Is it possible to use move rotate on a group of atoms and simultaneously use an ensemble in that group?

Hello everyone,

I have a structure consisting of a cluster of tubes interacting by VdW. The correct name is tube bundle I suppose.

What I want:
Simulate the torsional resistance of this structure, using a reactive force field.

What I have done:

  • I created this tube bundle (it’s four tubes side by side) and made in that bundle three groups of atoms, which I called left, flake, and right, left and right being the edges of the structure.
  • The left group I made set force 0.0 0.0 0.0, i.e., they will not be integrated in time.
  • The flake I set with an NVT ensemble at room temperature.
  • The right group I did a fix move rotate with a period of 300 ps, and as the structure has its center of mass at the origin, I used (Px,Py,Pz) = (0,0,0). I placed the tubes with the longitudinal axis parallel to the Z axis, so (Rx,Ry,Rz) = (0,0,1).

My problem:

  • The tubes have a high diameter, and as the simulation progresses, the diameter at the flake decreases and at the edges, due to the atoms being attached, the diameter does not decrease. As a result, the rupture of the structure always occurs at the connection between the edge and the flake, which doesn’t seem very physically correct to me.

I thought that the solution was that the forces that act on the atoms take into account both the fix move (to have the rotation) and the integration in time with the NVT (so that the diameter adjusts).

I had a similar experience with LAMMPS, in tensile simulations of two-dimensional systems, where fixing the edge atoms always breaks the structure in the region between flake and edge. This problem was solved by using periodic boundary conditions, with deform command, which deforms the box instead of fixing atoms.

Is it possible to use move rotate on a group of atoms and simultaneously use an assembly in that group? Or some idea similar to the problem that I will present in detail later.

That is not correct. Fix setforce will remove forces, but does not exclude atoms from time integration. According to Newton’s Laws, an atom without a force will continue its motion unchanged with constant velocity.

This whole description doesn’t make much sense to me. It would probably help if you could provide some schematic or picture demonstrating what you mean.

That makes no sense at all. Both fix move and fix nvt do time integration, so they would conflict. You cannot have a prescribed motion and do time integration where atoms follow the forces. You would have to induce the rotation via forces or have some select atoms of the object you want to rotate be time integrated by fix move and the rest follow the forces and be time integrated by fix nvt.

It is not at all clear to me what using or not using periodic boundaries would change since this is not a bulk system.

I don’t understand what you are asking here. Perhaps you mistranslated some words?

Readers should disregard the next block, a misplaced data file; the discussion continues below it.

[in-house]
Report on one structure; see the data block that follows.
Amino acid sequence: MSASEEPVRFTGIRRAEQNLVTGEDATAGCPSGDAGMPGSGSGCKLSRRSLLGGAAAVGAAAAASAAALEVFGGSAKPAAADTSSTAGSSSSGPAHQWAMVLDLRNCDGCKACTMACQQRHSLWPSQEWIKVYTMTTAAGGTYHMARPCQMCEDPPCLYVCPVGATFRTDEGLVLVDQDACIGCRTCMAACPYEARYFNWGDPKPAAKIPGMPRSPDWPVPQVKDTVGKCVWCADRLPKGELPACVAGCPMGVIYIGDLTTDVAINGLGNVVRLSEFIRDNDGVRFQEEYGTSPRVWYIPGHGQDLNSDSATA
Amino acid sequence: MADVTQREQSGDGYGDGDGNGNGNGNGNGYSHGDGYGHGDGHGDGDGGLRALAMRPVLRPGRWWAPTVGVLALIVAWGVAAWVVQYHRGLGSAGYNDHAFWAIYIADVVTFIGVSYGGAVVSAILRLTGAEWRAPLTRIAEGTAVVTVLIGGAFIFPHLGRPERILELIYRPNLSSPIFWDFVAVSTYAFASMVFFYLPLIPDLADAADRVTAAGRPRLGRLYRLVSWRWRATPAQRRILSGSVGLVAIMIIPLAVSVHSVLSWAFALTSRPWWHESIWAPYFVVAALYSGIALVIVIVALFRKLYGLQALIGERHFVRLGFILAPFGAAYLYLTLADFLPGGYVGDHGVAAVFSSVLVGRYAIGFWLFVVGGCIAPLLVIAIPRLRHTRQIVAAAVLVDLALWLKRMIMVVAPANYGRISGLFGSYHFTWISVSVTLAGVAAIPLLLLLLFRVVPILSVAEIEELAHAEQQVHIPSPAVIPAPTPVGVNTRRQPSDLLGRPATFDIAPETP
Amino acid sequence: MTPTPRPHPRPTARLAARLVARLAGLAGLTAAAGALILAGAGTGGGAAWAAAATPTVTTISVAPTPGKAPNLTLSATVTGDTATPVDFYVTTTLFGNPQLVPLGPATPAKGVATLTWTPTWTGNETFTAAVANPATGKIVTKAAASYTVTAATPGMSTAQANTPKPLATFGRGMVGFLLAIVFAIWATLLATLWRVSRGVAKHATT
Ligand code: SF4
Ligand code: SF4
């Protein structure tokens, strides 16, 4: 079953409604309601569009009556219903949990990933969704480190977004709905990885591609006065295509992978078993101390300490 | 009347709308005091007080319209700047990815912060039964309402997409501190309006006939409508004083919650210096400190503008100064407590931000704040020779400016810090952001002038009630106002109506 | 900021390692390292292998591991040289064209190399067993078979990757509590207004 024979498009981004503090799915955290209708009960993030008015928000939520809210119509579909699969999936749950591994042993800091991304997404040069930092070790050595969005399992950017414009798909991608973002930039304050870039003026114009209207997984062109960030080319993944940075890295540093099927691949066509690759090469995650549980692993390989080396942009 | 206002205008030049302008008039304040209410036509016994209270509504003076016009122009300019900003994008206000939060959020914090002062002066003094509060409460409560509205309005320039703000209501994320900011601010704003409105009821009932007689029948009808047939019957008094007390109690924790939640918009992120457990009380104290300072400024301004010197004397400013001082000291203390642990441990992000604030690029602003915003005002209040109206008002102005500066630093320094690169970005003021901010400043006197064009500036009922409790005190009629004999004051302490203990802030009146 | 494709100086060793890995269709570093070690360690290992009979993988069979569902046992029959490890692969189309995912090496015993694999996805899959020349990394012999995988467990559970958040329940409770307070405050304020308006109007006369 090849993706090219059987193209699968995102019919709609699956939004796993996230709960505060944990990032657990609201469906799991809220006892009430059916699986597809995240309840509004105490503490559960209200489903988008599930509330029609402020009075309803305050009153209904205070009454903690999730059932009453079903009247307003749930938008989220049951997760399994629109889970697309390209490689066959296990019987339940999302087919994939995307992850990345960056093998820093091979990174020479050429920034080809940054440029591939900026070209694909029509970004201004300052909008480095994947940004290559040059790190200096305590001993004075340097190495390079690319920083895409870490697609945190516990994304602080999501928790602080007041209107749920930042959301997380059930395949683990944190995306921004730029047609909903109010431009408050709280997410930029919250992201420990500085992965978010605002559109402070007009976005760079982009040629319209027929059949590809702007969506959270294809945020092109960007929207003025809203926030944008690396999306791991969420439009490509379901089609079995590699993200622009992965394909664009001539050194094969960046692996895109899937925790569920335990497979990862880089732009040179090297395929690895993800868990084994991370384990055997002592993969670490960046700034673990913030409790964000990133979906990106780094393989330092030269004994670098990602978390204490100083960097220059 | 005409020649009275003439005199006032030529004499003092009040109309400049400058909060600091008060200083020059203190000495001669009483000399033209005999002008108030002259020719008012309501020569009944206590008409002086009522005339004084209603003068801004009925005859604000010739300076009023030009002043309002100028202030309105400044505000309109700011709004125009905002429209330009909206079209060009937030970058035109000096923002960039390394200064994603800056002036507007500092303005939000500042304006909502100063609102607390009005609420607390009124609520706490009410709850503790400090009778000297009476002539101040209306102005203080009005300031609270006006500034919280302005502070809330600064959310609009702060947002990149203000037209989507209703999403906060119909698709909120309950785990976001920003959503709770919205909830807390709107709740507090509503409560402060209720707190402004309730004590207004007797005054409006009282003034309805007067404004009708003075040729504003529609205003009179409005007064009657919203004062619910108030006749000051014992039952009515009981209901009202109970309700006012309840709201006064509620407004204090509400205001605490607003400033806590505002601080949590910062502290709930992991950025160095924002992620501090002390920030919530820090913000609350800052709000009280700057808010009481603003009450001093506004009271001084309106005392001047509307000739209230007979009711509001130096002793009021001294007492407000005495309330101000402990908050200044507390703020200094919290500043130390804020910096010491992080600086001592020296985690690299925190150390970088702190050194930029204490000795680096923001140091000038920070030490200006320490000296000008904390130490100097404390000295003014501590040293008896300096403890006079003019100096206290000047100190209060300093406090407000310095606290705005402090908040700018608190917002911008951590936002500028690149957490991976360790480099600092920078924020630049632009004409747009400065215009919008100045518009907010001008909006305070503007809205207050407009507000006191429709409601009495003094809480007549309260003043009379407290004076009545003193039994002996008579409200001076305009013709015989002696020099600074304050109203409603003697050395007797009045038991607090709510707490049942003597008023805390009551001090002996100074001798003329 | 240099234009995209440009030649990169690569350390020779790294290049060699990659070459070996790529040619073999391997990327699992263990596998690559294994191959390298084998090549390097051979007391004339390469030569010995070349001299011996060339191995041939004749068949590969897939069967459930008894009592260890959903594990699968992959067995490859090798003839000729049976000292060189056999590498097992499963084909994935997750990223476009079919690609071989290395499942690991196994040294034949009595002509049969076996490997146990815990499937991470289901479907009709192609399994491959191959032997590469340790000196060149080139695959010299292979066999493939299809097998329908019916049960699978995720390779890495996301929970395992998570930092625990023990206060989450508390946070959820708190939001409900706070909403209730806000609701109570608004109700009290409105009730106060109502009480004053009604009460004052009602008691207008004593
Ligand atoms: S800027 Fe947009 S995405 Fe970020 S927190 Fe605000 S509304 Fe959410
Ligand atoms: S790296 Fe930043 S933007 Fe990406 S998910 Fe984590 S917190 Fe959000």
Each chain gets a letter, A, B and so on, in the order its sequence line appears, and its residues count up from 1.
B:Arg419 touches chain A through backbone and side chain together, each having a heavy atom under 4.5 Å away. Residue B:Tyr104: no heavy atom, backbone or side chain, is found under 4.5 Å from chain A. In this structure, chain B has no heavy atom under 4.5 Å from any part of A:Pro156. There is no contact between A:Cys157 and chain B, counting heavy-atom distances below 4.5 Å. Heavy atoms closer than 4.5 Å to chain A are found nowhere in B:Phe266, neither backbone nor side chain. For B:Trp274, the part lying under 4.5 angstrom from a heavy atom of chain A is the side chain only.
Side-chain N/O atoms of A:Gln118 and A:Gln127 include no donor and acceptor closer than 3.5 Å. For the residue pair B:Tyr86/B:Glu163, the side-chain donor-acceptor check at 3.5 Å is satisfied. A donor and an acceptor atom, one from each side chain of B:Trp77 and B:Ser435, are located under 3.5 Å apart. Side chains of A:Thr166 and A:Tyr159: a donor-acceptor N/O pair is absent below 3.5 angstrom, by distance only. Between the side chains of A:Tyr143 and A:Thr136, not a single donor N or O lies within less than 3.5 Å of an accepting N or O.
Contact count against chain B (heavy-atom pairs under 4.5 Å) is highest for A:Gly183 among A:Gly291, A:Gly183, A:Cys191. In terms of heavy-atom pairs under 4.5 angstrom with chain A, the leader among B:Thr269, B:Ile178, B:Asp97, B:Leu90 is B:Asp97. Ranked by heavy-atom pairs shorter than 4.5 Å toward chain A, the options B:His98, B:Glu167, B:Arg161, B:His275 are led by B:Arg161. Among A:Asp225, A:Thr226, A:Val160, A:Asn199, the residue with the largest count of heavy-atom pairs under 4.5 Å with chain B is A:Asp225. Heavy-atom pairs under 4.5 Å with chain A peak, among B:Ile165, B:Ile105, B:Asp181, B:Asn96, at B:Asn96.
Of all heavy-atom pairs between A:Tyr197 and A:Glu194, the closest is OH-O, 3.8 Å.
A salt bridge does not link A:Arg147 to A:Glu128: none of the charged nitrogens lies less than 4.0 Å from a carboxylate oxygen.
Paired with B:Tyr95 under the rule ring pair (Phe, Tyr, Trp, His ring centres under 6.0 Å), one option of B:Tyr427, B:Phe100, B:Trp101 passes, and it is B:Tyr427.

The situation about time integration is quite clear. You cannot have the same atoms “move” by two different “moving” fixes. LAMMPS will print a warning in that case and the resulting trajectories are usually garbage or simulations will even crash.

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Hello, akohlmey!
Thank you for your interaction.

Enumerating your answers, one has:

(1) Ok. I misspoke about atoms with set force zero not being integrated in time. Thank you.

(2) This is the structure. I am twisting it, leaving the two edges fixed, with set force zero on one side and moving to rotate on the other end. The “middle” is simulated as usual, with an NVT ensemble. As the structure is twisted, the fixed atoms do not allow the diameter to decrease in that region, while it does in the “middle”. In this way, the structure breaks more because of this issue than because of the torsion itself. And this doesn’t seem very correct to me physically.

(3) and (4); Yes, I probably have some problems with the translation/English. Trying to rephrase my question as clearly as I can. I wonder if there is any way that I can make this rotation, according to the image you sent, and the atoms that make up the edges (fixed) can adjust somehow so that the diameter follows the rest of the structure (the “middle” part).

I apologize if all the questions are too simple, but I am really interested in solving this problem and need help.

I see two possible ways out of your dilemma:

  • create taller/longer bundles and keep the setup as is and only consider the part in the middle for your analysis. There will be a point where the finite size effect will become negligible.
  • instead of using fix move and immobilizing atoms, use the fix addtorque command — LAMMPS documentation at both ends (with opposite direction torque). There will be less of a finite size effect than in the other case, but I don’t think it is completely eliminated because your system is finite.

BTW: I am doubtful about the use of a thermostat. If there is no solvent, there is nothing to couple to and thus nothing that will exchange kinetic energy with the bundle. In general, a thermostat (in a production) simulation is supposed to do two things, 1) remove the (very small) amount of kinetic energy created by the discretization of the differential equations when solving the equations of motion numerically, and 2) induce kinetic energy fluctuations consistent with a bulk system. I don’t see either of those conditions apply here.